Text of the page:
I spent a few days doing some oddball testing, including charging and discharging the battery pack out in the yard and on the hood of my car, with a couple of mp3 players, a droid phone, a usb-charging camera, a kindle and a droid tablet. Seemed to do well, lots of power.
When I got to basecamp at 7200' I pulled out the Nomad7 and did a quick refresh charge on the Guide10 in case a storm came in and I needed a few days worth of power.
I had put some 2mm nylon cord in the little loops (previous to this trip) to make this easier.
Here it is with the mountains behind in cloud - even then the charge light was on.
After the Guide10 was full I recharged my mp3 player with my audio books on it after listening to it on the plane. Wanted it full in case there was a storm and we were tent-bound for a few days.
Busy base camp on Denali.
Here it's on the tent at the camp below Kahiltna Pass at about 10,000' on Denali, charging a guide's iPod. I had a lot of positive input from a lot of climbers and guides on this trip. For one thing, I discovered that many thought it was "Goal Oh" so I fixed that ;) We hauled about 140 lb of gear each on these sleds and in backpacks. Light weight and durability are key features here.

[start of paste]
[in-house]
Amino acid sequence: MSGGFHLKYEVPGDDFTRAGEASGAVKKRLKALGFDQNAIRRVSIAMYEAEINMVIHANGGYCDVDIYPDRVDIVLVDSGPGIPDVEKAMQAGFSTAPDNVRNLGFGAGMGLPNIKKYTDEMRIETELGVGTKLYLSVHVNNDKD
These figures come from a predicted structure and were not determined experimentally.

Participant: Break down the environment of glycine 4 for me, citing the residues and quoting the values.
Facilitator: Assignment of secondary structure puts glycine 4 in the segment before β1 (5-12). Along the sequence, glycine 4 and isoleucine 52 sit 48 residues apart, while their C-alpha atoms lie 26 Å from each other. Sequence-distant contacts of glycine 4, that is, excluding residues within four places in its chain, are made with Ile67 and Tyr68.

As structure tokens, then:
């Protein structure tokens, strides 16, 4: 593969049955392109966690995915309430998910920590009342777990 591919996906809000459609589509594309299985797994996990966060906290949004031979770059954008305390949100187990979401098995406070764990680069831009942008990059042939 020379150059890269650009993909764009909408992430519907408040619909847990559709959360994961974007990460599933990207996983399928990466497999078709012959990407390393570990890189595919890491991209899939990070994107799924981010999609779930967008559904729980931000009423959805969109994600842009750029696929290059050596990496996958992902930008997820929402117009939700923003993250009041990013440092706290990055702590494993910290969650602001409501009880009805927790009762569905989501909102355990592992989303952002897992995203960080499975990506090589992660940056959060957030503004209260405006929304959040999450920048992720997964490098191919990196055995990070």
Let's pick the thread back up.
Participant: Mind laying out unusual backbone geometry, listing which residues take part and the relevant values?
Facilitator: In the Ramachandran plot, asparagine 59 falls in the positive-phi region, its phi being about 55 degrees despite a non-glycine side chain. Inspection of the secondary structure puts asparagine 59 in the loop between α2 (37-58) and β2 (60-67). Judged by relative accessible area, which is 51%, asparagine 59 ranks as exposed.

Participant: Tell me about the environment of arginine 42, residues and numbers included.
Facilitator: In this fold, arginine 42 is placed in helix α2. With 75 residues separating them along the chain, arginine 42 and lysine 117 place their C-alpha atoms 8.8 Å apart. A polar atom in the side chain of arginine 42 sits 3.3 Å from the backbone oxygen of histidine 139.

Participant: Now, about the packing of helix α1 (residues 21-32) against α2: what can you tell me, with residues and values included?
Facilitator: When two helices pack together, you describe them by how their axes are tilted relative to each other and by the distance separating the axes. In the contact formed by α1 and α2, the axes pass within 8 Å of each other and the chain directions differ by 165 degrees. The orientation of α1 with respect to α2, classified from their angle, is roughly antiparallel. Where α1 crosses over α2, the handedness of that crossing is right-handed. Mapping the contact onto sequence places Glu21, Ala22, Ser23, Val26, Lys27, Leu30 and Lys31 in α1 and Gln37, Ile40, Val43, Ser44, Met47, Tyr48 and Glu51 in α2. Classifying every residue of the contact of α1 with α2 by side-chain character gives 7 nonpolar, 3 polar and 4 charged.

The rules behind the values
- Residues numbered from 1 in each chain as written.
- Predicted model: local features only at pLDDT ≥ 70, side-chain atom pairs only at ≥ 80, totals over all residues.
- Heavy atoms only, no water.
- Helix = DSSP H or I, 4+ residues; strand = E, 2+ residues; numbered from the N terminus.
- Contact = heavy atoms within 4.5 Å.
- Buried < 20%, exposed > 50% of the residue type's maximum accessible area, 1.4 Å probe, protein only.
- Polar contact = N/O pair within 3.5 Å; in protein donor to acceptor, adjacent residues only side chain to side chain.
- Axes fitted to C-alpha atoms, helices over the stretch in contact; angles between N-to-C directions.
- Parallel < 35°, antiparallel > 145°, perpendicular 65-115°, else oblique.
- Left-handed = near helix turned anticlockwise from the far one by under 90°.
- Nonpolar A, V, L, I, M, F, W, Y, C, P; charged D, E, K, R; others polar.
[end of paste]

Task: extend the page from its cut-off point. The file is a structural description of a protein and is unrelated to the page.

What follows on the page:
Later, when I was brought down being sick, one of the kind volunteers asked if he could charge his iPod Classic while waiting for the plane, so I let him hook it up resting on my duffelbag.
- light, easy to travel
- worked good in the type of light here (thin clouds to blazing blue sky)
- angle not extremely important
- durable, handled packing well
- plenty of power over the week - no worries about it if I'd stayed the whole three weeks
- very reasonable price for what you get
- the thin plastic face can scratch - when it's open please be careful
- be sure the usb/charger plug is on tight and dry
- use the velcro pocket for your device/battery pack - don't let it hang by the cord
One wild thought - the Nomad7 was the perfect size to protect my Kindle in the bags/packs while traveling.